Staggering out of the store with my supplies, as I turned to walk out into the parking lot a terrifying sight was before me — everywhere I looked were white Dodge Stratuses [Strati?]! And they all had Nevada plates! Apparently I wasn't the only tourist to rent a car in Vegas to check out the Parks, select a light-colored one at that, and stop at this last outpost for supplies. Rats! Since I put my pack in the trunk, there wasn't really anything in the car to identify it as "mine", and I didn't use the fancy locking thingie on the keychain to lock it because I was terrified of being unable to unlock it later, since I never drove a vehicle that "modern" before — I couldn't just click "something" and listen for the responding honk or whatever to lead me to my car. But after gingerly trying the door handle on several promising-looking white Dodges I found one unlocked, put the key in the ignition, and it started up — erasing thoughts of setting off countless alarms in my quest to get out of the parking lot before all of my ice melted.
The first Park I would visit was Zion, where, because the highway went through it on the way to points east, I would have to pay the $20 entrance fee whether I was "visiting" the Park or just driving through. As it was, just "driving through" was incredibly scenic, but I didn't take the grand tour because I wanted to continue on my way, and it seemed really crowded.
I noticed an almost-full moon and the Great Arch [photo above] from a series of switchbacks before ducking into a long tunnel that led to the east end of the Park. Though still in "the Park", the crowds of tourists were now gone, and I almost hated to continue driving without spending more time looking around, but this was my first visit to this area and I wanted to see a little bit of everything.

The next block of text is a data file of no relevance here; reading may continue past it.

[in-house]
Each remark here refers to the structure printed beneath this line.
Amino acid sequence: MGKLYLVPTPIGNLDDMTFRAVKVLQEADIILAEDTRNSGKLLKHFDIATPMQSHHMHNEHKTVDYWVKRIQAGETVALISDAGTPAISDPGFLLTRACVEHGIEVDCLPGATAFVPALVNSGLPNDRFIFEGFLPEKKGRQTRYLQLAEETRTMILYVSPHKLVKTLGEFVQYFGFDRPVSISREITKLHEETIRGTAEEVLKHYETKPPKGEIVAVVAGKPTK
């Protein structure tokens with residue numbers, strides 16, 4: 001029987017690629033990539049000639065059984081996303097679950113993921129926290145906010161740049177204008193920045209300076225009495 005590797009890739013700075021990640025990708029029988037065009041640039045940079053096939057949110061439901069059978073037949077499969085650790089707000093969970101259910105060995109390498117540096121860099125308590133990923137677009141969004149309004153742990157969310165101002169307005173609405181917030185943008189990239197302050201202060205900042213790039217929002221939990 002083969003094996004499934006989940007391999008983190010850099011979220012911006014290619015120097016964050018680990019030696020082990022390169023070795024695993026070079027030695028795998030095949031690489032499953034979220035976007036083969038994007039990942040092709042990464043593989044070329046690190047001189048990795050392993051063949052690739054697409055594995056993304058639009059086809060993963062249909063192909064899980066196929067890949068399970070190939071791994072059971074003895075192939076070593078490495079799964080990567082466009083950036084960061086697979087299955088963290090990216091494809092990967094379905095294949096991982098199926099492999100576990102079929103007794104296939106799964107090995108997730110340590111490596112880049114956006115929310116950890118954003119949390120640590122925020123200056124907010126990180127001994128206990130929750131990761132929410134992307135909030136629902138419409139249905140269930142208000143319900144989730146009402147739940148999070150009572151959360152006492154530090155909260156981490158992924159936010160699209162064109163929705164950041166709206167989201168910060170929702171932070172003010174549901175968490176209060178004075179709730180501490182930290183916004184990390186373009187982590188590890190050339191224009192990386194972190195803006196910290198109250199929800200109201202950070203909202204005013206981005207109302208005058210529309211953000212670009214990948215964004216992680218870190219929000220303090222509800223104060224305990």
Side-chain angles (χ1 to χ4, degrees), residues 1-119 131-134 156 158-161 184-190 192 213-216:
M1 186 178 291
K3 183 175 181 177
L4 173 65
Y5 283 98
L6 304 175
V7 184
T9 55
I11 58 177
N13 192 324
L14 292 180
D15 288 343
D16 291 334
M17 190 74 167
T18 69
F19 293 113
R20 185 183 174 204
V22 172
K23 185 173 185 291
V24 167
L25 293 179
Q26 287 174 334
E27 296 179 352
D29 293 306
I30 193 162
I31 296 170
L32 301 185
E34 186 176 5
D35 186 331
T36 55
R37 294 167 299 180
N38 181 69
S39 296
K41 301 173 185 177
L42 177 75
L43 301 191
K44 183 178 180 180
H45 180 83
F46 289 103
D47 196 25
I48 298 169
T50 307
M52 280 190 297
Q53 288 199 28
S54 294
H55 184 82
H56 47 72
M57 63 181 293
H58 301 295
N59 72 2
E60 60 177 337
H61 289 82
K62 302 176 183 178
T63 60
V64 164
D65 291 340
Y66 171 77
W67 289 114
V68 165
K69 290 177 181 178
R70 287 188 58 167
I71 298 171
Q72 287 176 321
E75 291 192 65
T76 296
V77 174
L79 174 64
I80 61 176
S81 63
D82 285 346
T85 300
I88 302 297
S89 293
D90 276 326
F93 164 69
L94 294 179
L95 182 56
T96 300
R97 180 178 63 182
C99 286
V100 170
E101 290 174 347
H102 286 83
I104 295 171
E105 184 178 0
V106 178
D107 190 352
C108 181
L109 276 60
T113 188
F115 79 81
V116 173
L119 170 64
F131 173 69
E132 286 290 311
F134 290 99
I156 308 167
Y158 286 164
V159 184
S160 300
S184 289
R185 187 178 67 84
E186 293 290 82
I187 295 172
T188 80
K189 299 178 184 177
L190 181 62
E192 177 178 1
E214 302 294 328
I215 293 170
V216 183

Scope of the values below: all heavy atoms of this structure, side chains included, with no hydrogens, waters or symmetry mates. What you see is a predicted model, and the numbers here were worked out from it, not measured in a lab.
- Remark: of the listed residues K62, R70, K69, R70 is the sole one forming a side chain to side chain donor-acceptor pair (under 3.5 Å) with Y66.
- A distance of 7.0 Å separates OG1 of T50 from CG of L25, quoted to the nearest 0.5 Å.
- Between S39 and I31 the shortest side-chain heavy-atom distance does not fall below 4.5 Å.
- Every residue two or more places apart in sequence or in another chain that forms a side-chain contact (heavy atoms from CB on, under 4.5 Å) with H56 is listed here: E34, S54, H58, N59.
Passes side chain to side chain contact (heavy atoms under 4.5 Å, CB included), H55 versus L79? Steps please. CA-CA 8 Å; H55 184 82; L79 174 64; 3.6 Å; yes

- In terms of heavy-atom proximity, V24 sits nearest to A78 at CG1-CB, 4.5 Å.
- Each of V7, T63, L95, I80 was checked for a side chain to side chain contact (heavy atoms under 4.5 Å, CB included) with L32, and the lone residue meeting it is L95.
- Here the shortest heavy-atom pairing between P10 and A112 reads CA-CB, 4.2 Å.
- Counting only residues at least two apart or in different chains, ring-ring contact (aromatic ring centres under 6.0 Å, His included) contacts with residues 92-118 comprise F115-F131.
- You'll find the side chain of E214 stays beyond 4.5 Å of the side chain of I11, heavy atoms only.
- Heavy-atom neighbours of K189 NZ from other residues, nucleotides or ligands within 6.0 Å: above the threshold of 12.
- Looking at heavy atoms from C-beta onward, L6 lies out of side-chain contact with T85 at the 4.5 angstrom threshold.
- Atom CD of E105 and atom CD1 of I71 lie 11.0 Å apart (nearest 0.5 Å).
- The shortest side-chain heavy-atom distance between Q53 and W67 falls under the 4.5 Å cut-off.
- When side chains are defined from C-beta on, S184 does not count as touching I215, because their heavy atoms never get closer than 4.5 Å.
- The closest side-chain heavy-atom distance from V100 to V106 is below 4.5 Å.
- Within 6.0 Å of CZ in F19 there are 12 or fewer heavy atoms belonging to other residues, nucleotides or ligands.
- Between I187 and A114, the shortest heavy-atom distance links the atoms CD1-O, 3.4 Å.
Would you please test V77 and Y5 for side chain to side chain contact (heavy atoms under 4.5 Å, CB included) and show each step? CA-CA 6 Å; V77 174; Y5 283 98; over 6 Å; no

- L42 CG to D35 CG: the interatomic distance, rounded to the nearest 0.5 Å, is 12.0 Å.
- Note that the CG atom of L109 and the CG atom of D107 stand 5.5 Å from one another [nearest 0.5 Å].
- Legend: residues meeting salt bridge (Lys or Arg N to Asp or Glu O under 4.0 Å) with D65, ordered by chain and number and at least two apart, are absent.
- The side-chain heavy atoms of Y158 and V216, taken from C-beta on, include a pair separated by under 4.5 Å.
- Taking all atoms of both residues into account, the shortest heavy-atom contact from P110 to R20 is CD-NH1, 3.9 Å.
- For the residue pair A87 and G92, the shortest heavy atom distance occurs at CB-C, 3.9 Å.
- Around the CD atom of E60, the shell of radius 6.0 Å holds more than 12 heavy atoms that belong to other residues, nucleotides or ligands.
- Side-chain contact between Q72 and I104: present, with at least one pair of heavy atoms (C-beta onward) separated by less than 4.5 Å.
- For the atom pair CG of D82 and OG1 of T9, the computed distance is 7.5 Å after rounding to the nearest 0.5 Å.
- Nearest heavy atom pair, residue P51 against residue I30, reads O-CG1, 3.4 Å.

There was certainly a lot of "everything" to be seen, and I had a very pleasant time just driving around and making mental notes of spots I wanted to spend more time exploring the next time I visited the "Beehive State", even though after a week of driving all over the place, I didn't see a single beehive.
The next actual "town" I came to was Escalante, where I got some maps from the BLM office, some much-needed coffee, and various liquid "supplies".
Continuing east from Escalante, things were now getting even more "scenic", if that was possible. I stopped to get a look at the gorge in the Calf Creek Recreation Area [photo above] with my trusty binoculars, and added this to my "must see sometime" list. I was torn between having the economical rental car, with its great gas mileage and extremely efficient air conditioner, or instead having a jeep, with fewer creature comforts but the ability to cruise around just about everywhere I wanted.
Alas, the rental car seemed like the right choice this time, as it gave me a greater range — I'd never have made it farther east than Zion if I had the ability to go exploring along every dirt road I came across.